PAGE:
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Book Review: A People's History of the Vampire Uprising by Raymond A. Villareal

A People's History of the Vampire Uprising by Raymond A. Villareal
My rating: 🌟🌟🌟 (3 stars)
Publisher: Mullholland Books (June 5)

This was like Villareal tossed a bit of Justin Cronin's The Passage and Trueblood/Sookie Stackhouse novels into a Vitamix and poured out this interesting concoction that's two parts social/religious/cultural/political satire and one part horror (make your own determination where the real horror lies for you).

Book Review: Death by Dumpling (A Noodle Shop Mystery #1) by Viven Chien

Death by Dumpling (A Noodle Shop Mystery #1) by Vivien Chien
My rating: 🌟🌟🌟🌟  (4 stars)
Publisher: St. Martin's Paperbacks

This isn't just another cozy mystery with a plucky heroine with a food theme. This new series is told from the perspective of 27 year old, Asian American, Lana Lee. She's working at her parents' restaurant and a delivery order has gone awry and ended up with a dead customer. An investigation ensues and suspicion is cast about so Lana's got to figure this all out before anything worse happens.

Book Review: The High Season by Judy Blundell

The High Season by Judy Blundell
My rating: 🌟🌟🌟🌟 (4 stars)
Publisher: Random House (May 22)

If I hadn't read it now, this is just the sort of read I'd be looking to take along when I head off to our beach destination in summer. I enjoy books about communities that are tony vacation or resort havens. My mother in law lives in one year round and used to live in an one adjacent that was likely sleepy some time before I was born but is rapidly building on seemingly every scrap of available grass and dune. It's remarkable to see a place change with the influx of new business and real estate opportunities. As some of The High Season characters point out throughout the book "Everything changes" and this book is to be commended on showing that well with the positives and negatives. I'm always interested in seeing how locales strike the balance of retaining the things that made it attractive to new residents and business without monetizing to the point that all the charm is lost that attracted people in the first place and the actual full time residents are priced out of living there in any season, not just the off.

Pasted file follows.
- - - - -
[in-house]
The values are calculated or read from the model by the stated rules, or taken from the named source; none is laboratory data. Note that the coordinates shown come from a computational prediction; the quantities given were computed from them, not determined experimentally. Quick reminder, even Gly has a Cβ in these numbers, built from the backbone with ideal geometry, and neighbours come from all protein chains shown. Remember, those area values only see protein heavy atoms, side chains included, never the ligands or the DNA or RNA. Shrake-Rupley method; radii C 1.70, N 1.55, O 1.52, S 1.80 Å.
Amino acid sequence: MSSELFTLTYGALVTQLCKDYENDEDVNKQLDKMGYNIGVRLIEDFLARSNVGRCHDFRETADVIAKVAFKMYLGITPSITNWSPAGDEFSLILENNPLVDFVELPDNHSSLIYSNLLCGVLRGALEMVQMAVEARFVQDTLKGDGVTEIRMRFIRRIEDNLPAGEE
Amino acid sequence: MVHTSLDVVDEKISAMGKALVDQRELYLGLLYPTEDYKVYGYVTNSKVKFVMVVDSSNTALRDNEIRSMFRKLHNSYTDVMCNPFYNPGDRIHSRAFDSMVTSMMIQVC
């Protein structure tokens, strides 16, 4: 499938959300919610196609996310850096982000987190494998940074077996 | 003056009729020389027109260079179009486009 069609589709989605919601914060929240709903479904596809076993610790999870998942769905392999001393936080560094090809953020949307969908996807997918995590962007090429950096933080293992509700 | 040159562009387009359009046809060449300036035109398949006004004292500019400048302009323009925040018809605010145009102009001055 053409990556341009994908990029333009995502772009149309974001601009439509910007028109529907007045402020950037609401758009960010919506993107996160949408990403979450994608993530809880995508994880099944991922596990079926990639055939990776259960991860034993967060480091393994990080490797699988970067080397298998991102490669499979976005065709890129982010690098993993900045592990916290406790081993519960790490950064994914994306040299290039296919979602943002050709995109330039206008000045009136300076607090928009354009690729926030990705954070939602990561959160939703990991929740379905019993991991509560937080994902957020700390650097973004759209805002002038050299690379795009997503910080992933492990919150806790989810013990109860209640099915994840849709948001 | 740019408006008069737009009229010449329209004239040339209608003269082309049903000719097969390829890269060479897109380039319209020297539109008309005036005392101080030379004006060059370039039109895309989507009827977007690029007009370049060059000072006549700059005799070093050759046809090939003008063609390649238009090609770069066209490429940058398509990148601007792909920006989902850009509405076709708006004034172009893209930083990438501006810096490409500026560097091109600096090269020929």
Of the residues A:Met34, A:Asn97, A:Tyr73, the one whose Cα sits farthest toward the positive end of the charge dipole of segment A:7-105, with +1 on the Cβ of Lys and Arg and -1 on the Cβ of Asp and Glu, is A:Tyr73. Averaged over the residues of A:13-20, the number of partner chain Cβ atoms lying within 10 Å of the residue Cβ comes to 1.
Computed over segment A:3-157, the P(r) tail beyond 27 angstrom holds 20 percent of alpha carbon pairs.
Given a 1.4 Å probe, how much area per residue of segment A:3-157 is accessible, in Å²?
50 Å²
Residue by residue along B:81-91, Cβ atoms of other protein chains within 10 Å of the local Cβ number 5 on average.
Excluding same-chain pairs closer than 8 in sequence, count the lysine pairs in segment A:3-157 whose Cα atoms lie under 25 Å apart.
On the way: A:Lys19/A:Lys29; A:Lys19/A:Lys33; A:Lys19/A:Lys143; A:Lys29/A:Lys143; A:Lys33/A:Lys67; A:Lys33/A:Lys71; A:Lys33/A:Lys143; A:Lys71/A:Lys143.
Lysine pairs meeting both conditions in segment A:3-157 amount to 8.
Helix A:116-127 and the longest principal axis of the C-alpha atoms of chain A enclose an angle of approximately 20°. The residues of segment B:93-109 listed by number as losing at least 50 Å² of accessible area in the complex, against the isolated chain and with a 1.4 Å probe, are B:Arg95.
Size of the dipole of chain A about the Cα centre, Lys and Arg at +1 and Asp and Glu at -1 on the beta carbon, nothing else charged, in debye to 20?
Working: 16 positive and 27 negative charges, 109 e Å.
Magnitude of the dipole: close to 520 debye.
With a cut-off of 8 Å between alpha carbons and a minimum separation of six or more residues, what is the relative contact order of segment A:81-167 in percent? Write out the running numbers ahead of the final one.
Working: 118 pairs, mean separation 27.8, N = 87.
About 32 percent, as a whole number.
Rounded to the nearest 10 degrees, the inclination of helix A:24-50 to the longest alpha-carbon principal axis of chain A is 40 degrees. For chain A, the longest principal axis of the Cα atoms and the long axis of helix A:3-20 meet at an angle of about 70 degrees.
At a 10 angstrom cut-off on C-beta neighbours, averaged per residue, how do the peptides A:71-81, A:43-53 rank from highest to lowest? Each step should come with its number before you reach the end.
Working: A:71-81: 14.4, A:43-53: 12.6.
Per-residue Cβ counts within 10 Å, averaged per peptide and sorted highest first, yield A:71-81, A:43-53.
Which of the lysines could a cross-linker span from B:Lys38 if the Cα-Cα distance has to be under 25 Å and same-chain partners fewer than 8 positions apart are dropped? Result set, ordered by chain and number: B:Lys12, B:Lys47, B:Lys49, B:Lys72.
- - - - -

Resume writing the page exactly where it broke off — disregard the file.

Book Review: Our Kind of Cruelty: A Novel by Araminta Hall

Our Kind of Cruelty by Araminta Hall
My rating: 🌟🌟🌟🌟 (4 stars)
Publisher: MCD/Farrar, Straus & Giroux
Publishing Date: May 8, 2018

This was a thoroughly compulsive read. I picked it up in the morning and refused to go to bed until I'd finished. I won't be giving up any major spoilers but I will say that Mike is a great unreliable narrator and his recounting of this tale is consistently darkly disturbing. But more disturbing things are at play here too and that's what I really liked about this book.

Book Review: White Lies by Lucy Dawson

White Lies by Lucy Dawson
My rating: 🌟🌟🌟🌟 (4 stars)
Publisher: Bookouture (April 2018)

It's all go in suburbia! White Lies is quite the coil of unreliable narrators roiling on a sand dune in a wind storm. I kinda loved that about it.

Book Review: The Glitch by Elisabeth Cohen

The Glitch by Elisabeth Cohen
My rating: 🌟🌟🌟🌟 (4 stars)
Publisher: Doubleday (May 2018)

When Mad Men debuted I began watching the show and was pretty ticked off a few minutes in and my first reaction was to turn it off. But I stopped myself and thought, "Wait, perhaps the thing that's peeved you is there for a reason. Don't you want to know if there's more to the story?" I stayed and the pay off was worth it. I have to say, The Glitch was a bit in that same area for me. Shelley, our narrator, is initially not endearing, in fact, she's deeply off-putting. To the point that, her likability can only go up.

Book Review: Kale to the Queen (A Kensington Palace Chef Mystery #1) by Nell Hampton

Kale to the Queen (A Kensington Palace Chef Mystery #1) by Nell Hampton
My rating: ⭐⭐⭐ stars (3 stars)
Publisher: Crooked Lane Books

I finished two cozy mystery series lately (or at least their last books feel like finales) and so of course, I had to jump right into a new series. Kale to the Queen had one of those cozy covers that I love and a blurb that also charmed so this went right on my TBR last year before it came out.